Monday, 3 March 2014


Artemis, the daughter of Zeus and the titaness Leto was worshiped from very early times as the (sometimes winged) goddess of nature, birth, the hunt and all things wild – including young girls.  Later, in classical times was added her association with the moon.  Artemis is the twin sister of Apollon and is one of the few deities of Greek religion who are described by their filial relationships.  Artemis was born two days before her brother on the isle of Ortygia and developed her midwifery skills early in her life helping Leto to deliver Apollon on the isle of Delos.

Artemis is best known as a goddess of the hunt, she is the manifestation of the wild and of all things in nature – alluring, beautiful and deadly dangerous – ‘nature, red of tooth and claw’.  She is the protectress of young and pregnant animals and brings great punishment to any who hunts out of season, acting almost in the fashion of the earth’s game warden.   Her most sacred animals were the golden hinds (possibly reindeer) which were faster the winds themselves.  Artemis was able to capture four of these animals which she tamed and yoked to her chariot but even she was unable to catch the fifth which fled into the Kerynitian hills. Capturing this last hind was one of the Twelve Labours of Herakles.  Artemis is the spirit of nature looking in at man mirroring her twin, Apollon who can be described as the spirit of man looking out at nature; the two, Artemis and Apollon compliment and complete each other in many ways: where he is civilized and refined, she is raw and wild; he is light, she dark; he the quest for self awareness and she is the dark subconscious that can never be fully understood.

Another of Artemis’ best known qualities is her perpetual virginity, at the age of three she begged her father to declare that she would never have to marry or be forced to take a lover; however it must be remembered that the word virgin had a far different meaning in the ancient world than in todays and it did not carry with it sexual connotations but instead the age and marital status of a woman.  Artemis represents the fear of the power of female sexuality and reproductive abilities that was common in the ancient world and she also represents the fascination with it.  Artemis was not portrayed as a cold and frigid goddess as Athene was, or asexual as Hestia but instead was show beautiful, alluring, mysterious and flirtations. Artemis is the power of a woman on the verge of discovering her own sexuality.  There are a few hints that Artemis at one time did take male lovers such as Orion and Hipolytus (who was perhaps a transvestite priest of hers)  but these affairs never ended well and there is much more evidence however of Artemis’ female lovers.  Artemis was always attended by young nymphai whom she held to a strict vow of virginity as well, punishing those who – willingly or not – broke this vow, Kallisto for example who was seduced by Zeus was changed into a bear which was hunted by her own son.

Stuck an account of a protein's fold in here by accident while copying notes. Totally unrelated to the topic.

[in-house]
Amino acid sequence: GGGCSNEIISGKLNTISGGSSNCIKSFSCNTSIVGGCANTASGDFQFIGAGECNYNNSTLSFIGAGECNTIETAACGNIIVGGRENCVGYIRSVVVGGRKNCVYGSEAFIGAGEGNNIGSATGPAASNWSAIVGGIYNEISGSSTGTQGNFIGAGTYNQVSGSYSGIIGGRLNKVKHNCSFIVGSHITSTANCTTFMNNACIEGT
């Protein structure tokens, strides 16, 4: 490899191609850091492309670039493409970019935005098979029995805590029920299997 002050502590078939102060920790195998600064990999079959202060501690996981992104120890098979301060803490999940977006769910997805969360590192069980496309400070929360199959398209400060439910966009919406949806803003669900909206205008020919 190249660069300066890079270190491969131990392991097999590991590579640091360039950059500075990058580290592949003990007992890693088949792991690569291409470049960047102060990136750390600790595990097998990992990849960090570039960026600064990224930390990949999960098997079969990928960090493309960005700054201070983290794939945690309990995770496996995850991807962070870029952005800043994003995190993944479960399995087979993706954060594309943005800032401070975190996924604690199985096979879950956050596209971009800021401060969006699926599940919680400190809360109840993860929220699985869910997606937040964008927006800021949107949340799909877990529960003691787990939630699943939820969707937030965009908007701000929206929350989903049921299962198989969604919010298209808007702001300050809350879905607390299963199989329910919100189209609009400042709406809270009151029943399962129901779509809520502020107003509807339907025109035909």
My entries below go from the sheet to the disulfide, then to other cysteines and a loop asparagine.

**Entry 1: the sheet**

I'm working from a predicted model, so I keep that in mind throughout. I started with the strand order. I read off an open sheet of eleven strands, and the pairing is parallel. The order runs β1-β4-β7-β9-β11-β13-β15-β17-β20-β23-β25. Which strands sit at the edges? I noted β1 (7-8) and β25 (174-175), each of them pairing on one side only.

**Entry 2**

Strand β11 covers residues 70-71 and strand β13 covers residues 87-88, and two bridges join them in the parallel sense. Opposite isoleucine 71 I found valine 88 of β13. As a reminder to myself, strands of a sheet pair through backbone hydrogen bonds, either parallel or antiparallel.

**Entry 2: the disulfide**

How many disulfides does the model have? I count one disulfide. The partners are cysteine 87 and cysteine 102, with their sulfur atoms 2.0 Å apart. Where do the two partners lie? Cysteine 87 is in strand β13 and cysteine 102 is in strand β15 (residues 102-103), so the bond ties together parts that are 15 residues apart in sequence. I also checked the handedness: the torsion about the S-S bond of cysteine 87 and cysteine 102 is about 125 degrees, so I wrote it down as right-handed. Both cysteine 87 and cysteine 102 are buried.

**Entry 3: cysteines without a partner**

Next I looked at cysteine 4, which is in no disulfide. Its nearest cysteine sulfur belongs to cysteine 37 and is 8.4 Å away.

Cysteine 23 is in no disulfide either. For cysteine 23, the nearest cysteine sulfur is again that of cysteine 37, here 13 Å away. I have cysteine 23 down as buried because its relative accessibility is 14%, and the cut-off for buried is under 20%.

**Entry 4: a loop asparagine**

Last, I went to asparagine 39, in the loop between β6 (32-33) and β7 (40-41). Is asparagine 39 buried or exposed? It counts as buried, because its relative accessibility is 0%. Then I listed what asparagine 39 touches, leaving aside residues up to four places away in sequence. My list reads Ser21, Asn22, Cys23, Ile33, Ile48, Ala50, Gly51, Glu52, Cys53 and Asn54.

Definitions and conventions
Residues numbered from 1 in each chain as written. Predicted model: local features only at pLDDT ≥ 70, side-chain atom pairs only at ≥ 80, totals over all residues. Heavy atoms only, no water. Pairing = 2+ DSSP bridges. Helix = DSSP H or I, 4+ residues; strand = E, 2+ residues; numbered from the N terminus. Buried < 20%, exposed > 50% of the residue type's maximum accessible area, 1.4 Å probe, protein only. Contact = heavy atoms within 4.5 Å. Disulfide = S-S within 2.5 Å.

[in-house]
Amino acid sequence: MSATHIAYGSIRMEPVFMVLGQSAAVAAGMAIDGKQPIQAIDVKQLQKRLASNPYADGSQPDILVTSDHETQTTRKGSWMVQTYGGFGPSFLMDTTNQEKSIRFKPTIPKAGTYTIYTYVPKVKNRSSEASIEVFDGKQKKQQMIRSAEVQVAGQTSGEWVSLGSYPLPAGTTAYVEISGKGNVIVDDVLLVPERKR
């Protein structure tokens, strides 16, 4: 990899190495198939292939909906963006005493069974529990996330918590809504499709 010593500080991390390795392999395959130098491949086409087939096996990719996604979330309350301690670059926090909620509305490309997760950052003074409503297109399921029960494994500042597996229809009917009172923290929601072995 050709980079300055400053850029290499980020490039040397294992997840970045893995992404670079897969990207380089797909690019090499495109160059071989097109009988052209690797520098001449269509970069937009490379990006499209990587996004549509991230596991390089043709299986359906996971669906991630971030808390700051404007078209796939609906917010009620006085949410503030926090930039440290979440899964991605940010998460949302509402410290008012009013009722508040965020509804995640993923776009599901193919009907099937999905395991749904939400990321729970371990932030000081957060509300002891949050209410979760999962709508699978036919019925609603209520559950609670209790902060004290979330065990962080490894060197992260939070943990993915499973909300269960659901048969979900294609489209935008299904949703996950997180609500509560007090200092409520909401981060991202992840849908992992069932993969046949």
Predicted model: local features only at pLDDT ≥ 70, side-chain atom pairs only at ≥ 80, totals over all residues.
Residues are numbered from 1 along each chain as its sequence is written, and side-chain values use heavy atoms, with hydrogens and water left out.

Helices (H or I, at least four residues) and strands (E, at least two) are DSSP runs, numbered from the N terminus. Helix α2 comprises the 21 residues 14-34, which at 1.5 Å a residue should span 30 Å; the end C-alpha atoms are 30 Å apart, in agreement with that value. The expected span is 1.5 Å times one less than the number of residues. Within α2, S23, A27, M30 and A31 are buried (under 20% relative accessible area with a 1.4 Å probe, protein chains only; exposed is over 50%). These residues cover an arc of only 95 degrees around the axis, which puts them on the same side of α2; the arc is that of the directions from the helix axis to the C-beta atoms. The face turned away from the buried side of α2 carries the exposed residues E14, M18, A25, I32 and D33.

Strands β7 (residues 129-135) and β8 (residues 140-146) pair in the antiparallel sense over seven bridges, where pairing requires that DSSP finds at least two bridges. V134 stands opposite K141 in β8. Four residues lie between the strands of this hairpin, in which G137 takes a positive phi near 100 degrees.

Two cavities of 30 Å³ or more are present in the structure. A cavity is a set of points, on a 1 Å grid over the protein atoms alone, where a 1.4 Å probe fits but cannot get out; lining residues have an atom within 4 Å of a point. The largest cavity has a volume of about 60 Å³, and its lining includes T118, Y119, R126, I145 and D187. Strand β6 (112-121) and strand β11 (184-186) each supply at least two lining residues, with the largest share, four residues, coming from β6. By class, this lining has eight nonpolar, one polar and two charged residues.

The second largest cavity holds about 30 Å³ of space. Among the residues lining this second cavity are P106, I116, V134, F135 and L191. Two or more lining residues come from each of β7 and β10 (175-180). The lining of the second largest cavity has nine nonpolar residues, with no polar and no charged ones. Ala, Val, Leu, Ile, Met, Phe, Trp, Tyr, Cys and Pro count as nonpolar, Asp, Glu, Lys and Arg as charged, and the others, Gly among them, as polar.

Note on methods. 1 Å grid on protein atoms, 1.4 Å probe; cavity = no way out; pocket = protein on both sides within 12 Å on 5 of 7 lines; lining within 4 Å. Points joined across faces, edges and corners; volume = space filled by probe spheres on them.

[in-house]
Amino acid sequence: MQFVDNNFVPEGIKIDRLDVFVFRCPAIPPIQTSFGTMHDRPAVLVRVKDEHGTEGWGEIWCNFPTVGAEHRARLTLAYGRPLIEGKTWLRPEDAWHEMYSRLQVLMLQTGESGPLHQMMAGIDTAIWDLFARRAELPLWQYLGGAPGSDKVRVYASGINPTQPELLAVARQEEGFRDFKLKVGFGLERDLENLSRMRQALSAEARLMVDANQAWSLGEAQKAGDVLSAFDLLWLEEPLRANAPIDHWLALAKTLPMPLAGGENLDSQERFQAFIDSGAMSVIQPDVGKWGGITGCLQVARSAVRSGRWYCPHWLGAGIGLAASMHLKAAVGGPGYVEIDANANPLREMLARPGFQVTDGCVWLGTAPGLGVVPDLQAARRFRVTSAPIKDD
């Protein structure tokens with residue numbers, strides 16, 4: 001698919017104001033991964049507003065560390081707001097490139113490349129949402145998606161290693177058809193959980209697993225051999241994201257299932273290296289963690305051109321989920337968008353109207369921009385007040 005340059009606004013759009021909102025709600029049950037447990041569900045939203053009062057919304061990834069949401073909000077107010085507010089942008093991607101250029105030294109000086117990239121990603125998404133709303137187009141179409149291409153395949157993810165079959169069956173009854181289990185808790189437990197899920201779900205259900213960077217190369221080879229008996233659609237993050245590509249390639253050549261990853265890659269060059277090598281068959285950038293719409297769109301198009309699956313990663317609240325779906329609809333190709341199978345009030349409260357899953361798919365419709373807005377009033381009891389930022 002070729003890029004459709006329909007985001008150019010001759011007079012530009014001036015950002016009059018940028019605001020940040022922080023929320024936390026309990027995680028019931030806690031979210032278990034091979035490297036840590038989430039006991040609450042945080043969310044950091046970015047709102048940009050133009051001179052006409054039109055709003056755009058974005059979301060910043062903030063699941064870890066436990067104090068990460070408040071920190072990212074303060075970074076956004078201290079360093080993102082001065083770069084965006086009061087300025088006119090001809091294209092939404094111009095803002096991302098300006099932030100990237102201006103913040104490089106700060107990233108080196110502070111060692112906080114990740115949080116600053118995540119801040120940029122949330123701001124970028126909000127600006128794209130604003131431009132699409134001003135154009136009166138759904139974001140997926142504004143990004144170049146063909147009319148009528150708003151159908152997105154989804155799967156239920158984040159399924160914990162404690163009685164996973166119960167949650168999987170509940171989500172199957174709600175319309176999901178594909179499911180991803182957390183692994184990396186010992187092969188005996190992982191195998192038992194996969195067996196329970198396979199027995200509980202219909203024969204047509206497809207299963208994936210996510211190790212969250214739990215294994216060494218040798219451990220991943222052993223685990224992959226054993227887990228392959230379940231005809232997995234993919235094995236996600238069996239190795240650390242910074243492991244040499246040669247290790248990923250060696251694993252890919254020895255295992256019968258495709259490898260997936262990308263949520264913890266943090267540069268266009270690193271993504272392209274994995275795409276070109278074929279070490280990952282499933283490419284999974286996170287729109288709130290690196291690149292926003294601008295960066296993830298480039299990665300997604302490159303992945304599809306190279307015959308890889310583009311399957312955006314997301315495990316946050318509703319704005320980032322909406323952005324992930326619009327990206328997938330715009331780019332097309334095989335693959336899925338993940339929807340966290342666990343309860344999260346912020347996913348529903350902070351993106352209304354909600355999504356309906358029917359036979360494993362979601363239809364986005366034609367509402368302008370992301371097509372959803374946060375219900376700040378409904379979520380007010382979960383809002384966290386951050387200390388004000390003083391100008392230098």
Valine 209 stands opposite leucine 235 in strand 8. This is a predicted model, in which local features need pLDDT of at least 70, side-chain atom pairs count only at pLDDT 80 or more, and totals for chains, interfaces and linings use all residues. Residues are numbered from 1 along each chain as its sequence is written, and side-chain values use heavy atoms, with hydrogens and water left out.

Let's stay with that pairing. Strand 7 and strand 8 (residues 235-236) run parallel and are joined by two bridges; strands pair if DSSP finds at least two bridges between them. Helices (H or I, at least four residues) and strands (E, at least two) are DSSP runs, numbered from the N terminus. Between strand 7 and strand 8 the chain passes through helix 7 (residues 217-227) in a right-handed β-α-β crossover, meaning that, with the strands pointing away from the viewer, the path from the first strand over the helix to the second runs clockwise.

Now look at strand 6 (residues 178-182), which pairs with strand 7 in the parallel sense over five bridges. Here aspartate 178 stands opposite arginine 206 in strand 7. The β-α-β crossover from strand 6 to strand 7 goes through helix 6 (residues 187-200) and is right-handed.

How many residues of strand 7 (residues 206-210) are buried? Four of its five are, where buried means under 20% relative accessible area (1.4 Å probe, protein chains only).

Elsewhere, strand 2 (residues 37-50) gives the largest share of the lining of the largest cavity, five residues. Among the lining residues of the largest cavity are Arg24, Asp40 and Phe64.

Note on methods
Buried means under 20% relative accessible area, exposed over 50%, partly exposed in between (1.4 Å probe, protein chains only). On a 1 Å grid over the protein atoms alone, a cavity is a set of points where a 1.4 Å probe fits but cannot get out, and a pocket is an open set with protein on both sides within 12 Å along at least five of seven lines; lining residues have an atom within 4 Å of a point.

Seemingly at odds with Artemis’ virginity is her qualities of ruling over childbirth but this is just another example of her protecting young and pregnant animals.  Women in labour would pray to Artemis and to Eileithyia (who became an aspect of Artemis in later times) to ease their pain and bring swift deliveries.  It is said that women who die in labour are killed in mercy by Artemis silver arrows and their clothing was given in offering at many of her temples.

Other rituals important to the lives of women were performed at her temples as well once of which was a pubescent coming-of-age dance of girls called Arktoi – ‘little bears’ in hideous masks representing the wildness of femininity was a very common cultic act Through out Greece when they decided to marry they were asked to lay in front of the altar all the paraphernalia of their virginity, toys, dolls and locks of their hair.  There is the posibility that very early Artemis was a goddess who demanded human sacrifice (the only Greek god besides Ares to do so).  The Spartan cult of Orthia-Artemis and the Taurian cult are both associated with Iphegenia (the daughter of either Agamemnon and Klytaemnestra or Helen and Theseus) who was offered in sacrifice to garentee a wind to send the Greek fleet to the shore of Troy.  In the earliest myths Iphegenia was not killed but saved by Artemis to become her priestess and propolos  - her avatrix - and was later imotalized as the goddess Hekate. 

There are many deities, both Hellenic and non that have strong associations with Artemis.  Already mentioned was Eileithyia the goddess of childbirth who was assimilated into the character of Artemis.  Also assimilated into the Greek goddess was Caryatis the goddess of the walntu tree, Hekate and Selene with their lunar associations and Britomartis (who was also called Diktianna) who was a goddess of fishing nets and hunting in ancient Krete. The Near-Eastern winged ‘potnia theron’ (mistress of animals) also merged into Artemis’ worship along with Artemis of Ephesus whose temple was one of the wonders of the ancient world.  Artemis of Ephesus was a great mother goddess who ruled over fertility of crops, animals and humanity.  Her cult statue was covered with many breasts thought there is a modern theory that they are bull testes that were given to her in sacrifice.  The most well known of the goddesses associated with Artemis is of course her Roman  counterpart Diana who was in most respects Artemis double, even merging with Lucinia the Roman Eileithyia.

I worship Artemis today by honoring my femininity and the power that it brings.   I honor Artemis by loving nature and doing my best to care for the environment and the world in which I live; and when I donate money to charities that deal with animals, especially the Human Society, I do so in her name. 

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